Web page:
December 2015 Hindu Kush earthquake

The December 2015 Hindu Kush earthquake occurred with a moment magnitude of 6.3[1][3] in South Asia on 25 December 2015.[4] One woman was killed in Pakistan. At least 100 people were injured in Pakistan and Afghanistan.[5] The quake was also strongly felt in Tajikistan and India. The epicenter of the earthquake was in the Afghanistan-Tajikistan border region at a depth of 203.4 km.[6]

December 2015 Hindu Kush earthquake
December 2015 Hindu Kush earthquake is located in Afghanistan
December 2015 Hindu Kush earthquake
UTC time2015-12-25 19:14:47
ISC event612128431
Local date25 December 2015 (2015-12-25)
Local time23:44:47
Magnitude6.3 Mw
Depth203.4 km (126.4 mi)
Epicenter36°29′10″N 71°08′17″E / 36.486°N 71.138°E / 36.486; 71.138[1]
Areas affected
Max. intensityMMI V (Moderate)

Background edit

Map depicting regional tectonic plates
Region Number of
Number of
  Khyber Pakhtunkhwa 3 83
  Gilgit-Baltistan 1 5
  Nangarhar Province 12
Total 4 100

An earthquake of 7.3 Mw was felt in the same region[7] in October 2015 causing 398 deaths and 2,536 injuries in Pakistan[8] and Afghanistan.[9]

The Himalayan mountains are pushed up by the collision of tectonic plates, making them prone to devastating quakes. An earthquake in April 2015, Nepal's worst in 80 years, killed over 8,600 people.[10]

The last major earthquake in the same region of similar magnitude (7.6 Mw) was almost ten years prior in October 2005, which resulted in 87,351 deaths, 75,266 injured, 2.8 million people being displaced, and 250,000 farm animals deaths. The notable difference between this earthquake and the 2005 earthquake is the depth of the seismic activity. The 2005 earthquake was 15 km deep while this earthquake was 203.4 km deep, reducing its effects at the surface.[11]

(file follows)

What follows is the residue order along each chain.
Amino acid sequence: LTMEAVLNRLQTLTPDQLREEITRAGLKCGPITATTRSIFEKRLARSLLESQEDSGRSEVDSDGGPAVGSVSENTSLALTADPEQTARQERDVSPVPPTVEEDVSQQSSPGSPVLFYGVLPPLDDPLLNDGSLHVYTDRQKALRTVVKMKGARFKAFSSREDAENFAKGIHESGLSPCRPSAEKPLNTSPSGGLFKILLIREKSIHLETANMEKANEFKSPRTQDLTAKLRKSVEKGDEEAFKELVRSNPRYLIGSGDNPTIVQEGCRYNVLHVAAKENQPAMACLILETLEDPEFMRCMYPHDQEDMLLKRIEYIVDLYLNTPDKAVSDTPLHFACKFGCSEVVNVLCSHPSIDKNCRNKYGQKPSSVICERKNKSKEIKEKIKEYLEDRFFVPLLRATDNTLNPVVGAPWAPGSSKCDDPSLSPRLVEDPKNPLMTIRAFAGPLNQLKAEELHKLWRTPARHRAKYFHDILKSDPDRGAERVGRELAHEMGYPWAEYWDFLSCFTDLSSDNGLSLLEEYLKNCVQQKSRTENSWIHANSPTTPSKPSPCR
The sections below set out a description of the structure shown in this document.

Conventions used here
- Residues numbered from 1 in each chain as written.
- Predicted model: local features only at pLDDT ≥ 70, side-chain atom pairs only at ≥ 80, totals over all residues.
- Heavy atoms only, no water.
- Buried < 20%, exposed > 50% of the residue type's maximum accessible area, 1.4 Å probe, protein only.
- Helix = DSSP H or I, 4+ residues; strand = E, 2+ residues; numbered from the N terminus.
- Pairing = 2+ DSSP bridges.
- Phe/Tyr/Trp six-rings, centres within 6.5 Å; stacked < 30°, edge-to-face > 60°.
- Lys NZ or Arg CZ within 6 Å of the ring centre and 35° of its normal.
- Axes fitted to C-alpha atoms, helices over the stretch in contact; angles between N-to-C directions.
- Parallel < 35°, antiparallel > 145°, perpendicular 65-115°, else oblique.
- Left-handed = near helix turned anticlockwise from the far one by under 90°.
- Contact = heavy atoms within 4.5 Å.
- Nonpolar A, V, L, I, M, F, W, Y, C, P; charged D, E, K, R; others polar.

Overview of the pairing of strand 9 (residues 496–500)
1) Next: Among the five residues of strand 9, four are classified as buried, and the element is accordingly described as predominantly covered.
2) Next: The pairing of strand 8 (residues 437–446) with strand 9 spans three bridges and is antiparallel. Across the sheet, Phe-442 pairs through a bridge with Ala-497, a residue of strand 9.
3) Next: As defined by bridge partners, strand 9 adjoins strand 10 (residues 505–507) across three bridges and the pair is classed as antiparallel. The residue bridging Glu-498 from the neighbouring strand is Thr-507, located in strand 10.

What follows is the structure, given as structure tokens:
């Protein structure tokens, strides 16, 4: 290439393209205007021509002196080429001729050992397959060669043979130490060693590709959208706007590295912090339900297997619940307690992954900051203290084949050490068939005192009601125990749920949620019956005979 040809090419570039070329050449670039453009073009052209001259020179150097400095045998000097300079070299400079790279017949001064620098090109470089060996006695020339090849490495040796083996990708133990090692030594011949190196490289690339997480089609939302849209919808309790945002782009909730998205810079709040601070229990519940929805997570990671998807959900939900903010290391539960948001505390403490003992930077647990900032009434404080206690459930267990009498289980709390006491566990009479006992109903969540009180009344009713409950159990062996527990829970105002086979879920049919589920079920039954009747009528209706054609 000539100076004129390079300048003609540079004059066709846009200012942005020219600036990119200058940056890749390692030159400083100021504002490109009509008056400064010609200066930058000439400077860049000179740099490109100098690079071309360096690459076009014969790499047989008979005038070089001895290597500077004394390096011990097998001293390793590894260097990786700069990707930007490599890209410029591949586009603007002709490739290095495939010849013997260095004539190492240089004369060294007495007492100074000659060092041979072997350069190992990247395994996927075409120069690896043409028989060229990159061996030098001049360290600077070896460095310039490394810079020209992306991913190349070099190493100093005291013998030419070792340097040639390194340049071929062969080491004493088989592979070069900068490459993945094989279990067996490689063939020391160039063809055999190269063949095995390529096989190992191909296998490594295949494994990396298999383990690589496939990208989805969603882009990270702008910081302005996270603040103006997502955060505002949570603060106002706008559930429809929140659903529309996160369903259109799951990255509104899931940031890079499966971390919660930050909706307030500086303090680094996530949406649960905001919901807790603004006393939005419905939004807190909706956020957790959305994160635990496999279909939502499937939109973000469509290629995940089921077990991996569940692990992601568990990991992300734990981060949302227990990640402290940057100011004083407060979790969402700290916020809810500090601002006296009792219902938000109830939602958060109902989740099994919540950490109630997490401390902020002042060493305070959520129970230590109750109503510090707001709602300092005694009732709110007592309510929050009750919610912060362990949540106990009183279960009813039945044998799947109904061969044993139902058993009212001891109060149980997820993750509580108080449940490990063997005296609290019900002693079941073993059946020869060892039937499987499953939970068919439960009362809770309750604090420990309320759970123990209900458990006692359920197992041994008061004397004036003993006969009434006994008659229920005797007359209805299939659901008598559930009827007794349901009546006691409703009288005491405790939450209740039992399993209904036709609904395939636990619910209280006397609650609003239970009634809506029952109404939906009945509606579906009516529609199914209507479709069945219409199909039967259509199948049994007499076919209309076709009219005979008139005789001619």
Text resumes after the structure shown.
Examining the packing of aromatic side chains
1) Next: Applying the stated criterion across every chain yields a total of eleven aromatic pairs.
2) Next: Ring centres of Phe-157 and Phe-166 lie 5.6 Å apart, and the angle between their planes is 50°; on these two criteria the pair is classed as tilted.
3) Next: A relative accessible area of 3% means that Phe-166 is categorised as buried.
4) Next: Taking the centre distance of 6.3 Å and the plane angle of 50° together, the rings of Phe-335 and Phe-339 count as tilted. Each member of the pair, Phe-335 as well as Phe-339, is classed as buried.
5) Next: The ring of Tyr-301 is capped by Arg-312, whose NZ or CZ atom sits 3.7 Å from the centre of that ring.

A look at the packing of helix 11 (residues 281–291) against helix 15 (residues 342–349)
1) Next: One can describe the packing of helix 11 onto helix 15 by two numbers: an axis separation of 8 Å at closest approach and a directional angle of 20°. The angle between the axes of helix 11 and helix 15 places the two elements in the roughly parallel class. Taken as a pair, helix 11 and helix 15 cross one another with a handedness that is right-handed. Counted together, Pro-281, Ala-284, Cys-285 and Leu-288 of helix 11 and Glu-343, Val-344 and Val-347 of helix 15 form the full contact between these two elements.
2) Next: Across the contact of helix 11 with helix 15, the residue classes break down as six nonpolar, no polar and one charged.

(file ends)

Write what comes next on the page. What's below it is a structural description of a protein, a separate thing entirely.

In recent studies, geologists claim that global warming is one of the reasons for increased seismic activity. According to these studies melting glaciers and rising sea levels disturb the balance of pressure on Earth's tectonic plates thus causing an increase in the frequency and intensity of earthquakes. This could be one of the reasons why the Himalayas are getting more prone to earthquakes in recent years.[12][better source needed]

See also edit

References edit

  1. ^ a b ANSS. "Afghanistan 2015: M 6.3 - 42km WSW of Ashkasham, Afghanistan". Comprehensive Catalog. U.S. Geological Survey.
  2. ^ a b "Earthquake leaves 4 dead, more than 100 injured in Afghanistan and Pakistan". Fox News. 26 December 2015.
  3. ^ "Strong 6.2 magnitude earthquake jolts parts of Pakistan, Afghanistan". The Express Tribune. 26 December 2015.
  4. ^ "Quake rattles areas in Punjab, KPK, Azad Kashmir". Samaa TV.
  5. ^ "Dozens injured in Afghan quake". The Australian. 26 December 2015. Retrieved 26 December 2015.
  6. ^ "6.2-Magnitude Earthquake Hits Northern Afghanistan and Pakistan". NBC News. Associated Press. 26 December 2015.
  7. ^ "M7.5 – 45km N of 'Alaqahdari-ye Kiran wa Munjan, Afghanistan". United States Geological Survey. 26 December 2015.
  8. ^ "Live Updates". 5 November 2015. Archived from the original on 21 November 2015. Retrieved 26 December 2015.
  9. ^ "The Latest: UN Mobilizing to Aid Quake Victims". The Associated Press. ABC News. 26 October 2015. Retrieved 26 December 2015.
  10. ^ Press Trust of India (23 May 2015). "Nepal earthquake death toll reaches 8,635, over 300 missing". The Indian Express. Retrieved 26 December 2015.
  11. ^ "Afghanistan Struck by Powerful Earthquake". The New York Times. 26 October 2015. Retrieved 26 December 2015.
  12. ^ "Nepal earthquake could have been manmade disaster climate change brings". Newsweek. Retrieved 26 December 2015.